A well-defined purpose acts as the North Star and litmus test, maintaining focus on programme goals and meeting the basic human need to feel part of something meaningful. Not only does this appeal to the core values of younger generations, but it also acts as the glue that holds together workforces that are increasingly made up of a patchwork of different working patterns, including contingent and flexible workers. According to Ms Kahn, beginning with the “why” in everything that EY does sets the most powerful course for all change programmes.

02 Insight

According to a recent Gartner study, more than 90 per cent of organisations have not yet reached a transformational level of maturity in data and analytics. EY’s Change Insights tools enable the delivery of the firm’s Change Experience and help companies to bridge the gap in their own analytic capabilities, capturing volumes of near real-time data on employee sentiment, behaviours, involvement and readiness. Teams then use this data to provide actionable, analytics-driven insights and recommendations in easy-to-use interfaces that help businesses to identify when a programme is on or off track and target personalised interventions accordingly.

03 The personal

While exploring the impact of investments in employee experience, Forbes reported that experiential organisations had more than four times the average profit and more than twice the average revenue compared with their peers. Programme leadership typically underinvests in user insight, believing they already know their users. However, employees increasingly want the same personalised experiences in the workplace that they have as consumers. EY’s approach is focused on creating representative profiles of real employees combined with current and future-state journey/experience mapping.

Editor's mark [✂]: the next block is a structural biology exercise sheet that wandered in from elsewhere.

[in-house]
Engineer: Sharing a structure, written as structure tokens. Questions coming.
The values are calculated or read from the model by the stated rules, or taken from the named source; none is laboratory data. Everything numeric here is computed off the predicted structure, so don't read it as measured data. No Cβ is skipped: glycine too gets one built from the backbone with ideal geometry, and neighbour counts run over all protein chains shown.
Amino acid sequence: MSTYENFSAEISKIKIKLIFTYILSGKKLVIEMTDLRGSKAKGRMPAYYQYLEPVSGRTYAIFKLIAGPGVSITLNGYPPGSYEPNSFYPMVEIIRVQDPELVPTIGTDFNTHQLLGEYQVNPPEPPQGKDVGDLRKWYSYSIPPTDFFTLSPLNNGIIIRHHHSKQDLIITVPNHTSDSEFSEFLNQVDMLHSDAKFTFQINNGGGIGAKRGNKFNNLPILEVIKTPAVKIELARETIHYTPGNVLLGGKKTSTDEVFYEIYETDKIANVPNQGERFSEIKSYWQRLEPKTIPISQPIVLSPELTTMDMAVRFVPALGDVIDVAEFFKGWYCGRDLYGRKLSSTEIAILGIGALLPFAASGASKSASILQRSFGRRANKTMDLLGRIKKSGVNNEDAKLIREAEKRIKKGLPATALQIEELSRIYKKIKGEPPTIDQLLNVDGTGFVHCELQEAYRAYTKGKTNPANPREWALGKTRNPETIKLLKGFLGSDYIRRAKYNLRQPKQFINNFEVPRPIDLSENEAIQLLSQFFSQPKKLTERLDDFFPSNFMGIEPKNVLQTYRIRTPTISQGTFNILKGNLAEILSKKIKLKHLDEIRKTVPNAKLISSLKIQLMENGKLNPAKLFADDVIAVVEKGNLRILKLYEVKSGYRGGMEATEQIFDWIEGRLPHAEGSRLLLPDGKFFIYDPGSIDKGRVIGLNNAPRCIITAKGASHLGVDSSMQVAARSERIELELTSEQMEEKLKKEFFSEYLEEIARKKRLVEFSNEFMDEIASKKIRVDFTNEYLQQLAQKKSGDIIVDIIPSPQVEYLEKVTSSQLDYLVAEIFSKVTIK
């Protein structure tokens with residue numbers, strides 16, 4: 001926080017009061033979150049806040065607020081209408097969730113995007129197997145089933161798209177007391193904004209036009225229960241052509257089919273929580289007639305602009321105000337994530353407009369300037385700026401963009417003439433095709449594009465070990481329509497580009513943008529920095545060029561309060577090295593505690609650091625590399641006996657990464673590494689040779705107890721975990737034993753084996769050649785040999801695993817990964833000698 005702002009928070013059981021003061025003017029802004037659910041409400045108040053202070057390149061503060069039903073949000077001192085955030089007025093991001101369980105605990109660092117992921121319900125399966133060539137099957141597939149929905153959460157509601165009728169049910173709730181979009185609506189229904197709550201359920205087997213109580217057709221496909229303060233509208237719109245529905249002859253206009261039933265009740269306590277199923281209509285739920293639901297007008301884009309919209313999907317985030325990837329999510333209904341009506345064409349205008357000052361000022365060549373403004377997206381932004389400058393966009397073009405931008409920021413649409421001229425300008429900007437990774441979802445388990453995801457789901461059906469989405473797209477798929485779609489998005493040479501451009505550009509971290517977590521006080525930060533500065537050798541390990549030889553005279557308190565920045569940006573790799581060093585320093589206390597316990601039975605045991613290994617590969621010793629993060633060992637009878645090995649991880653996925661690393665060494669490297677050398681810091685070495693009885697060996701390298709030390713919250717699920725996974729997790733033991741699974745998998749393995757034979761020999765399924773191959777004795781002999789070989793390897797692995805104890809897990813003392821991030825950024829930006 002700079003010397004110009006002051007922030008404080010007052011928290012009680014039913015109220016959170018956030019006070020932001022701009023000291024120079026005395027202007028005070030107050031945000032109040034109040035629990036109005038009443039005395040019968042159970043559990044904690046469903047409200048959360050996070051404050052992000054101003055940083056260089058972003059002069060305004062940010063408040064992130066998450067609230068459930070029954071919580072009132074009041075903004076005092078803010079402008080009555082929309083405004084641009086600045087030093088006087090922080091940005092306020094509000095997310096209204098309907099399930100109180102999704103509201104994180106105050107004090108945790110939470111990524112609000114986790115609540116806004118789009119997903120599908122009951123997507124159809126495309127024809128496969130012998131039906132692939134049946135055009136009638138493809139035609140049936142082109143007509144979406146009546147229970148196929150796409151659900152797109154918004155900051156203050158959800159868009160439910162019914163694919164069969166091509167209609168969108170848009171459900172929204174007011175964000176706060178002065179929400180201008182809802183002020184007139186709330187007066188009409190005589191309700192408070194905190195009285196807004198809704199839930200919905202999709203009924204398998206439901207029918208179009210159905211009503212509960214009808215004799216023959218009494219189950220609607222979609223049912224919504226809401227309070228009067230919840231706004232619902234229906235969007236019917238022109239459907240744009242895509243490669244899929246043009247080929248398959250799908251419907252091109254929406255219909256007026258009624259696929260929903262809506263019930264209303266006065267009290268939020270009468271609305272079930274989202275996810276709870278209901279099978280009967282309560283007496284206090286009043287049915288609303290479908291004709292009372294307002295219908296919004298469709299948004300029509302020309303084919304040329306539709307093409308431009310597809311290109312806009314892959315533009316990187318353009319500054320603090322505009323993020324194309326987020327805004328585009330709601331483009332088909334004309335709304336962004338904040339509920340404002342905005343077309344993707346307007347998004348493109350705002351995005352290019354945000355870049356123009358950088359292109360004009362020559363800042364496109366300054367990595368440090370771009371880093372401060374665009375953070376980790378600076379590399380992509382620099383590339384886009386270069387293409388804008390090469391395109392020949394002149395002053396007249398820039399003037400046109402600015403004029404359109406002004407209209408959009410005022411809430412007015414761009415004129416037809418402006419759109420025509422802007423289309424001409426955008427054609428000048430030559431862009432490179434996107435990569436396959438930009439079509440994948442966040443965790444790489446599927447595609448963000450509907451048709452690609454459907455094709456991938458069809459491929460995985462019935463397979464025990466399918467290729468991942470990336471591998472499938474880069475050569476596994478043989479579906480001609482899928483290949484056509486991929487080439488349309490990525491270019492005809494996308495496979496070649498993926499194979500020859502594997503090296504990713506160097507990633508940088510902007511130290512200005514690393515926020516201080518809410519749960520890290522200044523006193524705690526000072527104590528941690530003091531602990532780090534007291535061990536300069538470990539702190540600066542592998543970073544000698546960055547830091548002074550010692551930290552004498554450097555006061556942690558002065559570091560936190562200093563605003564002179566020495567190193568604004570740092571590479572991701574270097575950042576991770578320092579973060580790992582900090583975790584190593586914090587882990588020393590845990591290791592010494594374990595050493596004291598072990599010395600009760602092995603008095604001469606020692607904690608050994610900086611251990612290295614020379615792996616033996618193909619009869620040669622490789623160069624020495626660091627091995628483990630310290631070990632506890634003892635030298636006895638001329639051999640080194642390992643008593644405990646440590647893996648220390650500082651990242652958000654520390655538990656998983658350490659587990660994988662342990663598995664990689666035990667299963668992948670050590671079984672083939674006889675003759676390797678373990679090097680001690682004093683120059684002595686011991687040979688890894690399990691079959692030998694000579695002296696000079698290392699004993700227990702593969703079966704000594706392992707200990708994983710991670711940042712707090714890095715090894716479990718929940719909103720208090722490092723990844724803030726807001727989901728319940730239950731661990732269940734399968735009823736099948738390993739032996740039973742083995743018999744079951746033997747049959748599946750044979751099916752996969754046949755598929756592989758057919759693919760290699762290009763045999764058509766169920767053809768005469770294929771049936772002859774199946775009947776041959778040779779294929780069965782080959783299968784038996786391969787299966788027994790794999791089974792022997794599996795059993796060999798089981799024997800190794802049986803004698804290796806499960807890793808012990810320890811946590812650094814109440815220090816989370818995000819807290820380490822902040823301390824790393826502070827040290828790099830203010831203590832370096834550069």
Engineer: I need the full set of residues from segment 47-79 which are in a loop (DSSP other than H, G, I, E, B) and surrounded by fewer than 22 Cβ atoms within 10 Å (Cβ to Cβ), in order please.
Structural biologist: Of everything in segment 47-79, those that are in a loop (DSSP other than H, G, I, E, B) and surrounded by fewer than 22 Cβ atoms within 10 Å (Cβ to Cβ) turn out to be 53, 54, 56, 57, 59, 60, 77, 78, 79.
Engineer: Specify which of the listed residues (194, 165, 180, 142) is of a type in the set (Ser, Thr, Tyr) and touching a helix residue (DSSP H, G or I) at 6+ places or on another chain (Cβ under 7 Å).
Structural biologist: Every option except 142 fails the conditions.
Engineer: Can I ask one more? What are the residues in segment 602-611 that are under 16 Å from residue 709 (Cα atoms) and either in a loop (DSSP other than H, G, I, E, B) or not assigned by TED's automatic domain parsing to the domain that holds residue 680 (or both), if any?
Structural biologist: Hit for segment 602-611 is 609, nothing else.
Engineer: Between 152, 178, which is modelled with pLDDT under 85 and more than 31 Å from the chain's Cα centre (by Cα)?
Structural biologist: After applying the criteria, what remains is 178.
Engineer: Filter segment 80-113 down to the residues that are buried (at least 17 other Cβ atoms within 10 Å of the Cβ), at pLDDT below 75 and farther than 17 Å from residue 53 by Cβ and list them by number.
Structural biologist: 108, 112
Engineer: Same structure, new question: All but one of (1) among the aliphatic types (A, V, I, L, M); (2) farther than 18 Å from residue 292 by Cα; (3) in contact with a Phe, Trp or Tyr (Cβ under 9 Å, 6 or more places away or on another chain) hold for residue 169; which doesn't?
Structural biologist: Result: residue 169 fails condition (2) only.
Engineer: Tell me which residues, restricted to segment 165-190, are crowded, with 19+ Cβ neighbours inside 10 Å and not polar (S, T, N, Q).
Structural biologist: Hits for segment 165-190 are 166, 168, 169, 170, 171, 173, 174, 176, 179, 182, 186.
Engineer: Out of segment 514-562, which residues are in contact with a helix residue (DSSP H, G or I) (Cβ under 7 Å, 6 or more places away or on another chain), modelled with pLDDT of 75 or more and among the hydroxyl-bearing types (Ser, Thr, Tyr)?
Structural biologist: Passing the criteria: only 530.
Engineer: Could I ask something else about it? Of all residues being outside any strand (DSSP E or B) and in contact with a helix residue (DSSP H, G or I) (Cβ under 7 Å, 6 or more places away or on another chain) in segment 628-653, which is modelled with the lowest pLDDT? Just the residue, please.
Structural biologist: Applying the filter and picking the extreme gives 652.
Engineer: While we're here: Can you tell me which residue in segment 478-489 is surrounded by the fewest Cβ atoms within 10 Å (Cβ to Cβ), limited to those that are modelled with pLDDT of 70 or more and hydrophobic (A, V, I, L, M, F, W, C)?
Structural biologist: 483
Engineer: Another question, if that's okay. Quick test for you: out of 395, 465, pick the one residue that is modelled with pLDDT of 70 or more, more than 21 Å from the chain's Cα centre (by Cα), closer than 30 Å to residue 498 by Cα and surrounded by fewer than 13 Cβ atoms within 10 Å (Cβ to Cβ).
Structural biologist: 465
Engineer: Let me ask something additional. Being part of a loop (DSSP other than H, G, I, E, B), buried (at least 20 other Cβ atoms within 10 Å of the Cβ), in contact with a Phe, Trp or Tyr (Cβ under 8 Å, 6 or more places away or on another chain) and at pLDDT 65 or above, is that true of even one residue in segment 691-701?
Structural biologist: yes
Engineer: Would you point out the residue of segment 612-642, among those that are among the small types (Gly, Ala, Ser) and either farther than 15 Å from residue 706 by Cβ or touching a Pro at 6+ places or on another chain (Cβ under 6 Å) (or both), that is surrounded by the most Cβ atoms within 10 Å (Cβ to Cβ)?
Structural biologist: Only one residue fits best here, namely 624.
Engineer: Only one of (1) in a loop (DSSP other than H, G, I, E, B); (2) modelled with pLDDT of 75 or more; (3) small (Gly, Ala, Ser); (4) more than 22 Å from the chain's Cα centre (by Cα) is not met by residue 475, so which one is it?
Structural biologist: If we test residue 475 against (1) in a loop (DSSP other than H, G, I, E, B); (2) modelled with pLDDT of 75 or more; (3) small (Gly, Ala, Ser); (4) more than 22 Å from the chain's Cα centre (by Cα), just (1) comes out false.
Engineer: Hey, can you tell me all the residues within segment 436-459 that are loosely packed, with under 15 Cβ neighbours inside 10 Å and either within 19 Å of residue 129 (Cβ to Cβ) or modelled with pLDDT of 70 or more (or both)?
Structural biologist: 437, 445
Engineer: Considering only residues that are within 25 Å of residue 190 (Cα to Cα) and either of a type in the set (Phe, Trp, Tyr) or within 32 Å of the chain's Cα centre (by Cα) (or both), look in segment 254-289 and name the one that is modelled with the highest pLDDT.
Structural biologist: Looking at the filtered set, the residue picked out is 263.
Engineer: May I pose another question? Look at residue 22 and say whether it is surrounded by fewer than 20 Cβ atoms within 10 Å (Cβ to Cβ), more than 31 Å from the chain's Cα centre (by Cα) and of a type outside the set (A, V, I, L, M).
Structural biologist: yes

04 Immersion

A deliberately different, interactive and collaborative approach to engaging workforces is designed to create enthusiasm, involvement and engagement. “We remember moments; those experiences that cut through the daily clutter,” says Ms Khan. As part of the EY Change Experience, the firm uses signature interventions and delivery techniques to engage and inspire. “The way we take people and organisations through the change experience is deliberately different, personalised and immersive, and designed to drive faster business adoption and a better return on investment,” she says.

Insights into action

No matter the starting point, be it seeking to place, enable or motivate a workforce, to change behaviours or adopt new ways of working, EY’s Change Experience framework connects performance against the change metrics that matter to drive required business outcomes. “We work collaboratively with our clients to deliver a consistent change experience that can flex to the unique needs of each transformation programme,” says Ms Kahn.

Ultimately, the business case for committing to a sharper focus on change experience is that the time gap between investments and the evidence of bottom line returns can be narrowed considerably. It’s an opportunity with obvious appeal and, by using data intelligently, it can become a measurable reality.

To find out more about Change Experience please contact